By Allison McWilliams (’95), Ph.D., Assistant VP, Mentoring and Alumni Personal & Career Development, Wake Forest University
We all struggle with goal-setting (don’t worry, it’s not just you!). Why is that? It’s hard to plan forward. Often we don’t have all of the information that we need, or can’t identify next steps. It can be overwhelming to think about putting ideas into action, and can lead to a bit of the impostor syndrome: why do I deserve this or what if I fail? We’re often asked to set goals around things we don’t care about: other people’s goals for us at work or school. We’ve had prior experience with goals that weren’t successful, and don’t see the point. We often set goals that are too big or too unrealistic (hello, New Year’s Resolutions) and are doomed for failure right out of the gate.
Mostly, though, goal-setting is hard because, like many things we’re asked to do on a regular basis, no one ever teaches us how to do it well. And I don’t know about you, but I didn’t appear on this earth with intuitive knowledge about writing great goal statements.
The process of writing goals can be a drag, but it can be learned. But getting over that internal messaging that tells you you’re not good enough, or smart enough, or well-equipped enough is a much bigger challenge. So let me encourage you to shift your mindset from the rigid language and framework of “goals” to the looser and I think more positive idea of “intentions.”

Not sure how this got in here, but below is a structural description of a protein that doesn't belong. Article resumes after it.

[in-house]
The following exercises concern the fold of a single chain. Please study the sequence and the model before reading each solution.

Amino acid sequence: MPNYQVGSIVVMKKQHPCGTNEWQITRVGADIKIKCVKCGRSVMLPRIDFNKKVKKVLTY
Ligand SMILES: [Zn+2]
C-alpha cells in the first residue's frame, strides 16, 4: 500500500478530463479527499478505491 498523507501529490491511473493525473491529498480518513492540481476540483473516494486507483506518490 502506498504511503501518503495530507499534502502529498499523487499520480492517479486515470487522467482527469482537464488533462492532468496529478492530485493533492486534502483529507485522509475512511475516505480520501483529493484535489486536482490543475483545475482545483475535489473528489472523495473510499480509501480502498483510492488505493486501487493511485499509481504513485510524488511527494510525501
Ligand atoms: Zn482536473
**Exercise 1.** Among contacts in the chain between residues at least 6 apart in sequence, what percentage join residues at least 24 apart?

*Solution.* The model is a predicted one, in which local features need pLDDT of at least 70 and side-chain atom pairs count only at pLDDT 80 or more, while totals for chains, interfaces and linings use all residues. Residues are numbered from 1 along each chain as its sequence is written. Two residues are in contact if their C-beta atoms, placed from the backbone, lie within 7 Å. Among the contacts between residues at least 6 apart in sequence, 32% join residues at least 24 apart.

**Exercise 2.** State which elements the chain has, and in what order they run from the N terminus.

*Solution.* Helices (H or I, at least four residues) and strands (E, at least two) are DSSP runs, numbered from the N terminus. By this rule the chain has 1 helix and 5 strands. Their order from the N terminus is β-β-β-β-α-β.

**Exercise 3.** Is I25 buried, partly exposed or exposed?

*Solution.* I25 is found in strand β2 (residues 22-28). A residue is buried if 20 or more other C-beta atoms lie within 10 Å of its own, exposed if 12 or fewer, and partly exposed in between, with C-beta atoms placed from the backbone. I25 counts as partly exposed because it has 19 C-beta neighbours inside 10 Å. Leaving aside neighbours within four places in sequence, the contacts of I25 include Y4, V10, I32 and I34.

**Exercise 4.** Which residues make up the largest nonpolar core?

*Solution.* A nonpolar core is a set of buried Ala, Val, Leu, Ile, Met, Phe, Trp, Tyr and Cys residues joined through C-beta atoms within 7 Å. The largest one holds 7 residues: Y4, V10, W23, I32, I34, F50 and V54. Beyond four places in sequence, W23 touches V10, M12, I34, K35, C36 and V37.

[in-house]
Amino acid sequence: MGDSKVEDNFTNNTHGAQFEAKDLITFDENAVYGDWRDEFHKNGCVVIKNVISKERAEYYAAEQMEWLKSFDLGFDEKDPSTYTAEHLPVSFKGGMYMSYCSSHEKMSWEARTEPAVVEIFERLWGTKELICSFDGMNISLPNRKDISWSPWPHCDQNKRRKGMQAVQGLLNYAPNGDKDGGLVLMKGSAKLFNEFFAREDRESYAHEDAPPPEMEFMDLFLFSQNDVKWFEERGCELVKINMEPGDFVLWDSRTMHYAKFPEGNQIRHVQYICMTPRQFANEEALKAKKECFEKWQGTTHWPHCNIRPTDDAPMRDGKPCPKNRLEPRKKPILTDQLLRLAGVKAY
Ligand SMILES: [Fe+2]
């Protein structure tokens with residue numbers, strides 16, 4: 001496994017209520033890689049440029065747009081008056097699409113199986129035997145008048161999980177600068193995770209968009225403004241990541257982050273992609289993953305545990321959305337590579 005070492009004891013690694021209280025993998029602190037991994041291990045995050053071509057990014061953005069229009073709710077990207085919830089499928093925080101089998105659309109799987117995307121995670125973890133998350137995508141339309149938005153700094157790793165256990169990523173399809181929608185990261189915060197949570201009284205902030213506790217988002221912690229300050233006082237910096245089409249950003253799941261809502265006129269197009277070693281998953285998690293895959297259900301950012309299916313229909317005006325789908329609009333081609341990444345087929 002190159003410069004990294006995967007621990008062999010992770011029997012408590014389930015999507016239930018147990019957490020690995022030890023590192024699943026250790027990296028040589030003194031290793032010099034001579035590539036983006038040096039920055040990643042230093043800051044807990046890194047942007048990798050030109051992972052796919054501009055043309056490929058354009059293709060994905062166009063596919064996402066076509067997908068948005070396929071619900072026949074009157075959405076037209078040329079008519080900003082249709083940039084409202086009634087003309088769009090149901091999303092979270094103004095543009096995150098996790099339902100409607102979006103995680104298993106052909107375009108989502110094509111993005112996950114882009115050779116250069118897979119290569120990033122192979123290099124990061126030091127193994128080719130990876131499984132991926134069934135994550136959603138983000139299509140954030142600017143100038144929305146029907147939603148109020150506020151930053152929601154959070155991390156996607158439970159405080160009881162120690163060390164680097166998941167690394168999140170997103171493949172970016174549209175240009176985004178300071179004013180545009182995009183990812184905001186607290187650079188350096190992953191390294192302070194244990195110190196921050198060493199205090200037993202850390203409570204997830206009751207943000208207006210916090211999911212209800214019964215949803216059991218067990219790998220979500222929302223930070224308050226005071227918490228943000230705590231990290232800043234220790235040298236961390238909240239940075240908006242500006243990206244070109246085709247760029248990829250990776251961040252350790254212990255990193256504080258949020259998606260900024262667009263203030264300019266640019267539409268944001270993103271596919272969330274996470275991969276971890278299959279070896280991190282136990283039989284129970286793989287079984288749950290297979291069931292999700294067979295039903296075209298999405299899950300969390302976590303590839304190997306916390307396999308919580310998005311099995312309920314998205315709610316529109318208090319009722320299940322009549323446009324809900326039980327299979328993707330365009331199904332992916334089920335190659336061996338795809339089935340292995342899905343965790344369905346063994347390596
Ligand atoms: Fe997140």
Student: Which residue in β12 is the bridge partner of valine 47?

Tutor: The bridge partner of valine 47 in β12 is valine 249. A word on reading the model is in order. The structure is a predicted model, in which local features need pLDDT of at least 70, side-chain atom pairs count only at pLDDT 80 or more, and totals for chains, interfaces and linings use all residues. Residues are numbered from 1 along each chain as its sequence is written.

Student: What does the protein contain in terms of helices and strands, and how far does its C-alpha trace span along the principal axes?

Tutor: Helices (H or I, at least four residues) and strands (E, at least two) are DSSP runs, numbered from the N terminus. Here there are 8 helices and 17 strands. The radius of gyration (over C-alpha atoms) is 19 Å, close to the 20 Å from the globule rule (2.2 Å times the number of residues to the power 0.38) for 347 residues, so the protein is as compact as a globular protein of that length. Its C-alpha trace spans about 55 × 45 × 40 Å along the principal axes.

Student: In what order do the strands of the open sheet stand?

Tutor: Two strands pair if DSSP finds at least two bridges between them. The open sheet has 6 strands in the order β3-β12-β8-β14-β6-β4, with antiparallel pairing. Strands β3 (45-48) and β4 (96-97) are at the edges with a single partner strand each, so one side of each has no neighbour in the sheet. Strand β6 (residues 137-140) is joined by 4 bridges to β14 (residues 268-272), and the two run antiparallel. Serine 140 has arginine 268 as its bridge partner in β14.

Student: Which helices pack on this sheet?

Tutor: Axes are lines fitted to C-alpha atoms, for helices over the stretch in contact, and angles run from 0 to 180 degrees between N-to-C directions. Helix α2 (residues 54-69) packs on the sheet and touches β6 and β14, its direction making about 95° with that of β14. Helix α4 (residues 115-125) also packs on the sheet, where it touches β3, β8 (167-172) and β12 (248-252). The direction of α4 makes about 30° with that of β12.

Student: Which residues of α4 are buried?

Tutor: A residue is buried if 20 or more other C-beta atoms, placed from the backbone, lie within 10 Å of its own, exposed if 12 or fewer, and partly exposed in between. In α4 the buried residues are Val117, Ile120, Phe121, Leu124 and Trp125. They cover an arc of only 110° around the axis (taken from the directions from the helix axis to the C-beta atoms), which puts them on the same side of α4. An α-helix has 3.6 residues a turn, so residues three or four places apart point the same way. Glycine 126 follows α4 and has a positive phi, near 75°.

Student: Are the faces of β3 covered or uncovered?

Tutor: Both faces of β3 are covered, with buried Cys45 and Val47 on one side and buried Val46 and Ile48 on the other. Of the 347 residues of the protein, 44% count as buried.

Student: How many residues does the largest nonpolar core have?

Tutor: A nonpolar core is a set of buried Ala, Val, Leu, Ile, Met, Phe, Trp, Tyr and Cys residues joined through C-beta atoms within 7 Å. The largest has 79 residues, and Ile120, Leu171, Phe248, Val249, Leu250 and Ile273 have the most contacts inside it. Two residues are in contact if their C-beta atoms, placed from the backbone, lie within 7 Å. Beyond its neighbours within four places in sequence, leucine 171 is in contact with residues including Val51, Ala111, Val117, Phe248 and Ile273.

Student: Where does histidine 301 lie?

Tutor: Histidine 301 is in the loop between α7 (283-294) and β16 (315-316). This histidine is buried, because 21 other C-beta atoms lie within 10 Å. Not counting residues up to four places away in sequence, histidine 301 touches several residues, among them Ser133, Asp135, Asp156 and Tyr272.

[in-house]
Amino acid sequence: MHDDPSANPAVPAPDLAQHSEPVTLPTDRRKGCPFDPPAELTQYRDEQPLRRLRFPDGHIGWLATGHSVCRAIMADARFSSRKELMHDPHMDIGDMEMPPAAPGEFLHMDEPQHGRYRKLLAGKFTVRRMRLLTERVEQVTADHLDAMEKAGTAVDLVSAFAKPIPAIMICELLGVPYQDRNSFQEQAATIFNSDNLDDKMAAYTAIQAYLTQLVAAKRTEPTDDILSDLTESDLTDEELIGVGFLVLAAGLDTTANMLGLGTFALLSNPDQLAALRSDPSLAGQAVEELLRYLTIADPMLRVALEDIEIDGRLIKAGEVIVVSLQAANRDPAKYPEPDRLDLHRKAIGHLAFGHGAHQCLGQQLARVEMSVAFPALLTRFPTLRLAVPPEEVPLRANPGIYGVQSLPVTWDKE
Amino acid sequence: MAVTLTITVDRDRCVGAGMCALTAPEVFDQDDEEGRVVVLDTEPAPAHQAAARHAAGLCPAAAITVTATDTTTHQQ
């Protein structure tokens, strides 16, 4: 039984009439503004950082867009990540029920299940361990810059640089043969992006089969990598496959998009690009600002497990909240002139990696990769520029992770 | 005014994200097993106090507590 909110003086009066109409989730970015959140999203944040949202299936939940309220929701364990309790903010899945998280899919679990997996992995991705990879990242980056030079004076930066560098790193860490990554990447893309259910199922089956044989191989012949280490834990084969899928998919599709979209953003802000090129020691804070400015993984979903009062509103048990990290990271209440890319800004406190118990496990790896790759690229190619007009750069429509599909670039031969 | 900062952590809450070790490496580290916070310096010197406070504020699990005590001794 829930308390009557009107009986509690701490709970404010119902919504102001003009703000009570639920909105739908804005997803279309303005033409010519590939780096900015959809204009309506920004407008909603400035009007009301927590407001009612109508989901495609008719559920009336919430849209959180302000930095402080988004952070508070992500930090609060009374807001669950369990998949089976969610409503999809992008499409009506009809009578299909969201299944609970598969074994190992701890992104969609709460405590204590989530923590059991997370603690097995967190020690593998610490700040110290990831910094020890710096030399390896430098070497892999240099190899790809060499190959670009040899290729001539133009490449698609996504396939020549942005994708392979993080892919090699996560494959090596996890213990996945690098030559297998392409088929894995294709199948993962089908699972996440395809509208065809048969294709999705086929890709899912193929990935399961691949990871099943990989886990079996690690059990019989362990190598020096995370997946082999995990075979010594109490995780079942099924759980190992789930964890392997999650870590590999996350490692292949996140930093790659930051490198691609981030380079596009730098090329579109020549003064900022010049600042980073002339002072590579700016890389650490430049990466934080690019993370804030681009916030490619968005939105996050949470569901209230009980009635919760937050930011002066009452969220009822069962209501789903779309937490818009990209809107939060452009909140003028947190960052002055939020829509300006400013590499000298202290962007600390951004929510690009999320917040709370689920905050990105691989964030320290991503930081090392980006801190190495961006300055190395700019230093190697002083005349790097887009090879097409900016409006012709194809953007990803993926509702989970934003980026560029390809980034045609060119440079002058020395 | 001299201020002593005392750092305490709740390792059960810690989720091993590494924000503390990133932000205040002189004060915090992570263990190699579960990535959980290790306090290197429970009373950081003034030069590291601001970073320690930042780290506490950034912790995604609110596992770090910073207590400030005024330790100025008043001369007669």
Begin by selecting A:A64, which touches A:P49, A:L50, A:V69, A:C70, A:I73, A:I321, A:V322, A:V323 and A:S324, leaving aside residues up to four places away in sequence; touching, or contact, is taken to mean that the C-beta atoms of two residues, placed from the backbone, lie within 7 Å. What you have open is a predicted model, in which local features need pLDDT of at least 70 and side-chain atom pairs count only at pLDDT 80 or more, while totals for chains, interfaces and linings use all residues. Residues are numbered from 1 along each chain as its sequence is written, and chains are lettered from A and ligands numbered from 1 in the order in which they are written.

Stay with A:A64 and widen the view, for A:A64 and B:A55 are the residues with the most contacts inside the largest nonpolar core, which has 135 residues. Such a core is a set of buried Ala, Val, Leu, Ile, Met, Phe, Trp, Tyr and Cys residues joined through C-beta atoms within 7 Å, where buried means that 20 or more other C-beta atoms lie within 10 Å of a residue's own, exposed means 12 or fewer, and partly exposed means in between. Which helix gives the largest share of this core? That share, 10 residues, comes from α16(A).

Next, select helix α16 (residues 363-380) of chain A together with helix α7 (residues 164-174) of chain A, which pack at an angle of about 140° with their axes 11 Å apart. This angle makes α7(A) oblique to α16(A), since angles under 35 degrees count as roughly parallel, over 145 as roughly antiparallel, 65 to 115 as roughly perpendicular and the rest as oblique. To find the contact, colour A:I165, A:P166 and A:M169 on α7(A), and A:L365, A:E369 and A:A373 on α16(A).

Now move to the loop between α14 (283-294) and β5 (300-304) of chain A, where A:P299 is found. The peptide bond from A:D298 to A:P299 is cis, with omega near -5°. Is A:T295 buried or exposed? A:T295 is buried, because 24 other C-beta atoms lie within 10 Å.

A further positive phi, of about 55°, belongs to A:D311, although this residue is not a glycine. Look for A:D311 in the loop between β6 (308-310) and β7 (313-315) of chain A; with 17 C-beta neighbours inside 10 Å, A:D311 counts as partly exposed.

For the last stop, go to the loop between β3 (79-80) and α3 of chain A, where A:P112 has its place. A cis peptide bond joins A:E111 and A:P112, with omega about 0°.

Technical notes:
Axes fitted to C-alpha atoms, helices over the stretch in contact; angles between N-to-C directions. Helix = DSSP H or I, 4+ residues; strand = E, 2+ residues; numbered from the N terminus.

An intention, on the face of it, is no different from a goal. It’s a plan. A purpose. A target. But a goal, in its essence, is a rigid noun, a thing that sits out there, waiting on you to achieve it. An intention, on the other hand, is an action, and in many ways more accurately describes the constant forward motion of the goal-achievement process. When we have good intentions to achieve something, we put our positive energy there. It doesn’t mean that you don’t still have to do the work. It just frees you up to be forward-thinking, and perhaps a bit more playful in doing that work.
No matter what you want to call it, the process is one of reflecting backward and projecting forward, and then identifying some concrete action steps to get you further down your path. Here is a framework to get you started:
Reflecting on the past 1-3 years, what have you learned about your skills, strengths, and your gaps?
Projecting forward, in the next 1-3 years, where would you like to see yourself, which is different from where you are now? (This could be an actual physical place, an organization, a role, an accomplishment, a new set of skills, etc.)
What are 2-3 intentions that you will commit to over the next year to get closer to that vision?
In the next three months, what action steps will you take to make progress?
In the next six months, what action steps will you take to make progress?
What will you need to support you (people, resources, opportunities)?
Margaret Thatcher has been quoted as saying, “Watch your thoughts, they become words. Watch your words, they become actions. Watch your actions, they become habits. Watch your habits, they become your character. Watch your character, for it becomes your destiny.” Setting intentions is not without consequence. Indeed, we always want to think about the impact of our intentions, on ourselves and others. Done right, the best of intentions you set today could very well steer the course of your future, tomorrow.